"Before I came back to academia a couple of years ago I was out doing startups. What I noticed is that when people hire they are almost always hire based on experience. They're looking for somebody's resume trying to find the person who has already done the job they want them to do three times over. That's basically hiring based on Y-intercept.
Personally I don't think that's a very good way to hire. The people who are doing the same thing over and over again often get burnt out and typically the reason they're doing the same thing over and over again is they've maxed out. They can't do anything more than that. And, in fact, typically what happens when you level off is you level off slightly above your level of competence. So in fact you're not actually doing the current job all that well.
So what I would always hire on is based on aptitude, not on experience. You know, is this person ready to do the job? They may never have done it before and have no experience in this area, but are they a smart person who can figure things out? Are they a quick learner? And I've found that's a much better way to get really effective people."
4 years ago I did this, I did this last year, last month I tried my hand at this. However, it requires the interviewer to have the skill to extract this information during the interview and recognise the slope.
Concerning asking tricky question, you can do it the Google way ( How many frogs does it take to build a space elevator ) but even they decided to stop these kind of questions or take a lot of time and find something your candidate can work on, even if the technology is known to him, seeing how fast he can appropriate himself the codebase is really a good way to judge your future new recruit potential
A short preemptive summary is: the last 10 amazing hires we made would not have been distinguishable from their online portfolios.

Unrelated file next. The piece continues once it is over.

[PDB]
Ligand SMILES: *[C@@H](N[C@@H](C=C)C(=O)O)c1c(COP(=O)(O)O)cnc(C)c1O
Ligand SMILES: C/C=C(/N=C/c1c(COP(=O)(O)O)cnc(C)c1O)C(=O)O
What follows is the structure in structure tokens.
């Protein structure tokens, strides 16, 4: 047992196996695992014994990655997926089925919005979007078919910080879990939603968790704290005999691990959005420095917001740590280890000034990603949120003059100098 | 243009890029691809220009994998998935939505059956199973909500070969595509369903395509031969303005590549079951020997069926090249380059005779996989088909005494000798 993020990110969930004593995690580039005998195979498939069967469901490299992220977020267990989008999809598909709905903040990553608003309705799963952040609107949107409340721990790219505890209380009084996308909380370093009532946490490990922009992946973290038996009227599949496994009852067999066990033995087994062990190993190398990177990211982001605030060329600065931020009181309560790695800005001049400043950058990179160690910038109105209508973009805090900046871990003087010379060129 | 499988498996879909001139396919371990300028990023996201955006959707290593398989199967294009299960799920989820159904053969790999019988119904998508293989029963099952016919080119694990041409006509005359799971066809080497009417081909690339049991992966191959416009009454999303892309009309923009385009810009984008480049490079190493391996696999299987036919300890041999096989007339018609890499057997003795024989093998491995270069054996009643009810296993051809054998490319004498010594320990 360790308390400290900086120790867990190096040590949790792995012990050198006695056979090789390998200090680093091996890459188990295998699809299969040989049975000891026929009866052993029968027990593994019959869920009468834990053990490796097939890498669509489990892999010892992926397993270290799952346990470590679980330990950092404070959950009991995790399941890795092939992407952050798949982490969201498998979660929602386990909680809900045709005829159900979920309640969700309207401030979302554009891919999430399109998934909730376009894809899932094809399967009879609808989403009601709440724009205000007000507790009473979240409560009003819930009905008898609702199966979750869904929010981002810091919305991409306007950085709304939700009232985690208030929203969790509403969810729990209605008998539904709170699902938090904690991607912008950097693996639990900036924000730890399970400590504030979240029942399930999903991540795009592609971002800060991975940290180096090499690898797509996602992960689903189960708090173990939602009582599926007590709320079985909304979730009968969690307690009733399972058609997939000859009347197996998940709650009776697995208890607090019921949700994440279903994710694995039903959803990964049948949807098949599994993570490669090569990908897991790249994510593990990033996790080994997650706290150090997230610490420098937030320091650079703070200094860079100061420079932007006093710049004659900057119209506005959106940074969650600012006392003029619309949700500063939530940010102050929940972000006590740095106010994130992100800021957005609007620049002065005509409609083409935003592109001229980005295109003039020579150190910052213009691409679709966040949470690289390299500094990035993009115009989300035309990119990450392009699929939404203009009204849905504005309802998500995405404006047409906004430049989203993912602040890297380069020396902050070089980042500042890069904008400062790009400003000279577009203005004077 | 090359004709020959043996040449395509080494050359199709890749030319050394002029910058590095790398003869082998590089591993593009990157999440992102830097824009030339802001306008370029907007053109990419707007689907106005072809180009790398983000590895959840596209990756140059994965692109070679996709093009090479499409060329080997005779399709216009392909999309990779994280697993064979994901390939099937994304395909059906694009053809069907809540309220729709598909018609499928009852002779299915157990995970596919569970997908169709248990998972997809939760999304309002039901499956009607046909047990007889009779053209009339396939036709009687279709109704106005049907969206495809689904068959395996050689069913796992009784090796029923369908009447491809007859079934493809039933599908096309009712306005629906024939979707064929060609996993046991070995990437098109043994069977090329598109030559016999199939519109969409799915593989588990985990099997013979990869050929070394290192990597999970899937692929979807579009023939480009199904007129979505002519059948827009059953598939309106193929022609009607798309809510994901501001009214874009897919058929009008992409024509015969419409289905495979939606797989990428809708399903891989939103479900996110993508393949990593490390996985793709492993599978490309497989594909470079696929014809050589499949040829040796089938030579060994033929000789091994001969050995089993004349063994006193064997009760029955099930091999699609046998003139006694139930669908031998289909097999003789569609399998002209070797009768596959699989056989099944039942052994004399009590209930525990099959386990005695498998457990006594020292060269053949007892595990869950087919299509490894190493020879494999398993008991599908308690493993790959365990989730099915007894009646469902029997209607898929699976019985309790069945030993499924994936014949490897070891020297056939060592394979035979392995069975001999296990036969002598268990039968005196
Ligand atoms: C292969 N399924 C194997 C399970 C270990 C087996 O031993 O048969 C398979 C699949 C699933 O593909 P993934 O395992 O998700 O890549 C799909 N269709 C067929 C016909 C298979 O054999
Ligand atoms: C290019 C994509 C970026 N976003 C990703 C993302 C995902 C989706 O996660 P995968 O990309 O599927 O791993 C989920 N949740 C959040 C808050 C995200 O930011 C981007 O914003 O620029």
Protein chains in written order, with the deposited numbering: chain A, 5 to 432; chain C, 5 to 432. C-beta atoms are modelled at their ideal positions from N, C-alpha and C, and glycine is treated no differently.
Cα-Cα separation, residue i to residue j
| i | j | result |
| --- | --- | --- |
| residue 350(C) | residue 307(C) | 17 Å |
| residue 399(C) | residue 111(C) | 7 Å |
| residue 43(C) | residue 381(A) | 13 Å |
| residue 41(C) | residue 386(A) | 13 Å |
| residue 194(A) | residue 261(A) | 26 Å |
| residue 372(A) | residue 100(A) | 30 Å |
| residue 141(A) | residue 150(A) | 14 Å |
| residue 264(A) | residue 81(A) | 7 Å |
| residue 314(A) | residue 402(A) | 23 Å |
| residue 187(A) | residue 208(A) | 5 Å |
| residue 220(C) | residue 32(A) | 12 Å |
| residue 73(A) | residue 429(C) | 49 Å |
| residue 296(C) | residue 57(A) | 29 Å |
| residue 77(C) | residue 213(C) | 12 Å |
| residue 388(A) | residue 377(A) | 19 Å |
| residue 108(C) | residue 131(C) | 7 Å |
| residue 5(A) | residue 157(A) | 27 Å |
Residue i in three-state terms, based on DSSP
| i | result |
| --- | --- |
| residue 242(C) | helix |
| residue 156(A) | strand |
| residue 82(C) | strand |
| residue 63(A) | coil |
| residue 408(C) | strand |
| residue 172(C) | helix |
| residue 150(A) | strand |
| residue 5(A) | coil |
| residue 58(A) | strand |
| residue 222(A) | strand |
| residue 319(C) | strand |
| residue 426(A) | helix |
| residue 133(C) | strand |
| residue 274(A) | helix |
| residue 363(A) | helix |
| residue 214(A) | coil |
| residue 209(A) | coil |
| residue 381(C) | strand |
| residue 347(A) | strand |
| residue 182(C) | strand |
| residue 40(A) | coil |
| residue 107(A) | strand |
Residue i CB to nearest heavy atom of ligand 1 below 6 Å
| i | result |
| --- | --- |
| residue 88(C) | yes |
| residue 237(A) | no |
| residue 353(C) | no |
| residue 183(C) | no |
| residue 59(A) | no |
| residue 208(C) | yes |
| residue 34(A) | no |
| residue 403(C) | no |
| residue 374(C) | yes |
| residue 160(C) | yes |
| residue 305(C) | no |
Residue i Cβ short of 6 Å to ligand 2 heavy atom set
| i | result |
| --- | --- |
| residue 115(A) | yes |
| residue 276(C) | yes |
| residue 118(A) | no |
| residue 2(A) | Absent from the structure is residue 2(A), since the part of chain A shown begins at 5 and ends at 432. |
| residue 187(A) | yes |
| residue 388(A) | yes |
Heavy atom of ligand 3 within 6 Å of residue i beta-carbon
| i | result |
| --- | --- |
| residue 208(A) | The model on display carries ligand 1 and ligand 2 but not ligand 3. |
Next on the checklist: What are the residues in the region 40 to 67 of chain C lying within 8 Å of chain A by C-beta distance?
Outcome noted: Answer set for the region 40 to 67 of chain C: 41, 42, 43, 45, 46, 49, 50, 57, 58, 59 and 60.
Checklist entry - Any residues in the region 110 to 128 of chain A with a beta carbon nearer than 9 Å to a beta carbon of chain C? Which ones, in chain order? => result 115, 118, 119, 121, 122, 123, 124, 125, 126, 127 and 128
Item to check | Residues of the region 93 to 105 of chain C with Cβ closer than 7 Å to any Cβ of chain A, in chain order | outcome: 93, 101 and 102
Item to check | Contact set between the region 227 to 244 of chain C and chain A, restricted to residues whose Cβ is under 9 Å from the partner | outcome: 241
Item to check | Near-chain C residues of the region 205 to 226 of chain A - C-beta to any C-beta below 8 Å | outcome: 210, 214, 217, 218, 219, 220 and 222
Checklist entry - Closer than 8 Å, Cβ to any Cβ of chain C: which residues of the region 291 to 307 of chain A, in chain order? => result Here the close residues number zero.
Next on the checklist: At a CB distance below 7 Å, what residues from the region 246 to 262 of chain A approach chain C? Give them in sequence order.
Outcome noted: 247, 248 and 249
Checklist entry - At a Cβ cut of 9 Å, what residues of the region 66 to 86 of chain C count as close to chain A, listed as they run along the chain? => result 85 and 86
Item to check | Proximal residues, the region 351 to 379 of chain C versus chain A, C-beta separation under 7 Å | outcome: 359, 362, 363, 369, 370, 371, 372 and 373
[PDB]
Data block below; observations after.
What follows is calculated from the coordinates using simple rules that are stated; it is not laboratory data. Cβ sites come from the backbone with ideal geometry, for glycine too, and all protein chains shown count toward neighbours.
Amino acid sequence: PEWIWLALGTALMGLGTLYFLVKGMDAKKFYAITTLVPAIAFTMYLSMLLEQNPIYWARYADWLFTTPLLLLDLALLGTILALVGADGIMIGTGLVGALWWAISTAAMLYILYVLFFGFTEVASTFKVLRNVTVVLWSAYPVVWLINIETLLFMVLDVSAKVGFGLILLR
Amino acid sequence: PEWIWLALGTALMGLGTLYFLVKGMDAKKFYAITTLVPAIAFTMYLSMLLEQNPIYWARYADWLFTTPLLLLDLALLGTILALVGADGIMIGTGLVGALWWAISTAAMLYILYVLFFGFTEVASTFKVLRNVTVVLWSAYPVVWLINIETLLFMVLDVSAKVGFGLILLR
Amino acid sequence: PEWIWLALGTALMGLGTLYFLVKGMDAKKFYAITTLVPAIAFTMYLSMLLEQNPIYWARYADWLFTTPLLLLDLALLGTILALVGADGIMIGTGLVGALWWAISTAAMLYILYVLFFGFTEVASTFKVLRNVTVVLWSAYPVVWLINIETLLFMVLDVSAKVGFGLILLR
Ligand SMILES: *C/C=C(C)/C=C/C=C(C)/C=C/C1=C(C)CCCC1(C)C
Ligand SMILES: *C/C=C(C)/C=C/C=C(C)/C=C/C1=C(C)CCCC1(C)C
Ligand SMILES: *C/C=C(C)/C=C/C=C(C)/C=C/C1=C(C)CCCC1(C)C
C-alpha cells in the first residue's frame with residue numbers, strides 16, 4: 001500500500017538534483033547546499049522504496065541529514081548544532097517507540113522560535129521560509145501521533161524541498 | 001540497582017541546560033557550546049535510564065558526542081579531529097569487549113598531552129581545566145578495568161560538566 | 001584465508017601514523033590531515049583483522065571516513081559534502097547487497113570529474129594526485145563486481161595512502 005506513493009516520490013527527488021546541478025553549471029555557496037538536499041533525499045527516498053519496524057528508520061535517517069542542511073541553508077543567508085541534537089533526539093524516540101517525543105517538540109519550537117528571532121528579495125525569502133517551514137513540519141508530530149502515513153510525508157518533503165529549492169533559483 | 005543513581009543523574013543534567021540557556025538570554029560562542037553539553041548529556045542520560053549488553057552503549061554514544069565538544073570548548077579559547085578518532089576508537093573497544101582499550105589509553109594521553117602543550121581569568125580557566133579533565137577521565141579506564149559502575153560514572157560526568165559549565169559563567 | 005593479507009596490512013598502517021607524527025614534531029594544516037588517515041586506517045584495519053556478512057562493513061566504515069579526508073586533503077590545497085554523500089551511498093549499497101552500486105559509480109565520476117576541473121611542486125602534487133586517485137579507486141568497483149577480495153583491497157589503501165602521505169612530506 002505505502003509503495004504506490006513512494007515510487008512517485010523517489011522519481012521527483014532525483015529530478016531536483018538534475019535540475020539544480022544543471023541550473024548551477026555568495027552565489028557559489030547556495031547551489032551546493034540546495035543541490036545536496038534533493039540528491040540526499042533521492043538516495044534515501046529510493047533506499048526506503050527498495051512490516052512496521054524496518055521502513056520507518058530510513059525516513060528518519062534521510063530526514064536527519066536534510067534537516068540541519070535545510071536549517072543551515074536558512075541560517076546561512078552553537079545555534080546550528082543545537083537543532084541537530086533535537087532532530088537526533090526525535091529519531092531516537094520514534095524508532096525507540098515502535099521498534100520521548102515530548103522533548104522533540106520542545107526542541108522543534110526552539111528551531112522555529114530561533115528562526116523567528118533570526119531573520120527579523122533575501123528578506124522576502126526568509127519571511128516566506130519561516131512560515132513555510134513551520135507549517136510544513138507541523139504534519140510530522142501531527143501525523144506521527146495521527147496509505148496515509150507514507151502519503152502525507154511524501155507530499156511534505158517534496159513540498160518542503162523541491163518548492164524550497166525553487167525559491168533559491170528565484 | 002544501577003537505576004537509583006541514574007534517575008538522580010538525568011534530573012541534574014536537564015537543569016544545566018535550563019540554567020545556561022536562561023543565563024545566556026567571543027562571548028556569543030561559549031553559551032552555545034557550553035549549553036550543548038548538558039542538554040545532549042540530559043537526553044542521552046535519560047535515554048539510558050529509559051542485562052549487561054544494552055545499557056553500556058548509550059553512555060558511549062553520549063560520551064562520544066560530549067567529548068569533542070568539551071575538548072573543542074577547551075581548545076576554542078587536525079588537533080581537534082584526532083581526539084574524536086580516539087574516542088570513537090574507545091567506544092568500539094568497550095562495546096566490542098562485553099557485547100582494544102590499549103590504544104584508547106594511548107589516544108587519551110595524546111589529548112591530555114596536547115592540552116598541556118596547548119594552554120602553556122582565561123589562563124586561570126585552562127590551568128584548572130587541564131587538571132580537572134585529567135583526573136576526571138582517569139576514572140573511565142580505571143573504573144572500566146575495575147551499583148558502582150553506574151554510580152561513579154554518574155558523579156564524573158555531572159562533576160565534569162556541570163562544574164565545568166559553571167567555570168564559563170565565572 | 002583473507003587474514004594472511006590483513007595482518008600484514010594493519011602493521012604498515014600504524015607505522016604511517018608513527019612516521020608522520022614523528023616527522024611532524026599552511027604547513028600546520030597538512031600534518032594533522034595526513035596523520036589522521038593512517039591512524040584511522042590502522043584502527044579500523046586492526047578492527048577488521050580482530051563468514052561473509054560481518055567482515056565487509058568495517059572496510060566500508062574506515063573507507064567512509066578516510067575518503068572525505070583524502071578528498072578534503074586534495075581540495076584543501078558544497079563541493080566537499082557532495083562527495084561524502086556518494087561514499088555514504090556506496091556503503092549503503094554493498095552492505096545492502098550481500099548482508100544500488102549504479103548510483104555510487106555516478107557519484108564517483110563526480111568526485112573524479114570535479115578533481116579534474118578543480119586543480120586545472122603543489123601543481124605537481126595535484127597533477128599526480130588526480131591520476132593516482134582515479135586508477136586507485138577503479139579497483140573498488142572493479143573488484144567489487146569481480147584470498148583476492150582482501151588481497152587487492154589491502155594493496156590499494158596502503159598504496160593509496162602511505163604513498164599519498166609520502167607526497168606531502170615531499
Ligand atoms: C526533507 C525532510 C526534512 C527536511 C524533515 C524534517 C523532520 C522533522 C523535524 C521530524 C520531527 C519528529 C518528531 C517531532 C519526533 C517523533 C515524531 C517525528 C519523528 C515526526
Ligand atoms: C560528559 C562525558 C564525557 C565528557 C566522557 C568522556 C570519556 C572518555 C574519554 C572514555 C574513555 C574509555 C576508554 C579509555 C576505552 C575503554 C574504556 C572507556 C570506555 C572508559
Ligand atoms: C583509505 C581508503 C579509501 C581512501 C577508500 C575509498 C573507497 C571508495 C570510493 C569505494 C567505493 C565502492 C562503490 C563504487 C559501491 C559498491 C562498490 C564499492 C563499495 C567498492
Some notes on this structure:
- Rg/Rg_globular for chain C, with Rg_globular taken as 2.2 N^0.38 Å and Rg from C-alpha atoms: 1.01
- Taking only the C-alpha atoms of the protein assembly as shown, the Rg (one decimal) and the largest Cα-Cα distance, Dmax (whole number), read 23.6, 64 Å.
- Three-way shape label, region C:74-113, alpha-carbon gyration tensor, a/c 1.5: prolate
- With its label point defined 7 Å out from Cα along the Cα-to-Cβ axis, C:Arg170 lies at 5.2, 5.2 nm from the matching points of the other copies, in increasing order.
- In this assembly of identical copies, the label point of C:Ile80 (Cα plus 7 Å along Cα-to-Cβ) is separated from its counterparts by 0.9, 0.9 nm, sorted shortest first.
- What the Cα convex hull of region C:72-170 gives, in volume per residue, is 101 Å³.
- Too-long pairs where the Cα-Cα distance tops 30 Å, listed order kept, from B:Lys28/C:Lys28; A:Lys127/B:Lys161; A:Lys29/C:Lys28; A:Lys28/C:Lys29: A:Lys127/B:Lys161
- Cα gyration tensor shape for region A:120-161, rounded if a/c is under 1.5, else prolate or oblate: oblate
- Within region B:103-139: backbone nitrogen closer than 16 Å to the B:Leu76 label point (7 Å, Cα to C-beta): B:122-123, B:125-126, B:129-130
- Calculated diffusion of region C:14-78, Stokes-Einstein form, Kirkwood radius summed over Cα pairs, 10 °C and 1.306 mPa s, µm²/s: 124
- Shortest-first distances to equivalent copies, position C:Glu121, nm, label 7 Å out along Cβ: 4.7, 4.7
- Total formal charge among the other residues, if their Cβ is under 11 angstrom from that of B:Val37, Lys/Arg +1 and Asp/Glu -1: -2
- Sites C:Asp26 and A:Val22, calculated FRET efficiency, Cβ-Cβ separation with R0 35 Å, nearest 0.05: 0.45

We'll get on the phone and talk to you about the company and what our work looks like. At the end of this call you should have a good idea of what we do, how our hiring process works, and answers to questions about Matasano. Most importantly, you'll have a contact at Matasano to talk with and bounce questions off of through the duration of our process.
We do 1-3 technical phone screens. You'll talk to a senior Matasano team member who will ask you about your technical background and talk you through scenarios and concepts from our day-to-day work. If you've been doing app security for 5 years, you'll be talking about your past projects; if you're a developer, you'll be talking about code.
We do a web app challenge. Most software written within the last several years is web code. Everyone on our team needs to be able to deliver a solid web pen test. When you're ready, you'll be given an instance of a vulnerable web application and an hour or so to break it. We timebox challenges to avoid taking too much of your time. You're doing this on your own schedule, in your own comfortable setting.
We do a custom protocol challenge. Every Matasano team member routinely runs into exotic network protocols. We'll throw something at you that you're unlikely to have worked with before and watch you reason your way through breaking it. This challenge seems to be everyone's favorite; candidates routinely tell us how they particularly enjoyed it. That's great! It's part of our day-to-day work here. Like the web challenge, it's timeboxed and you're doing it remote.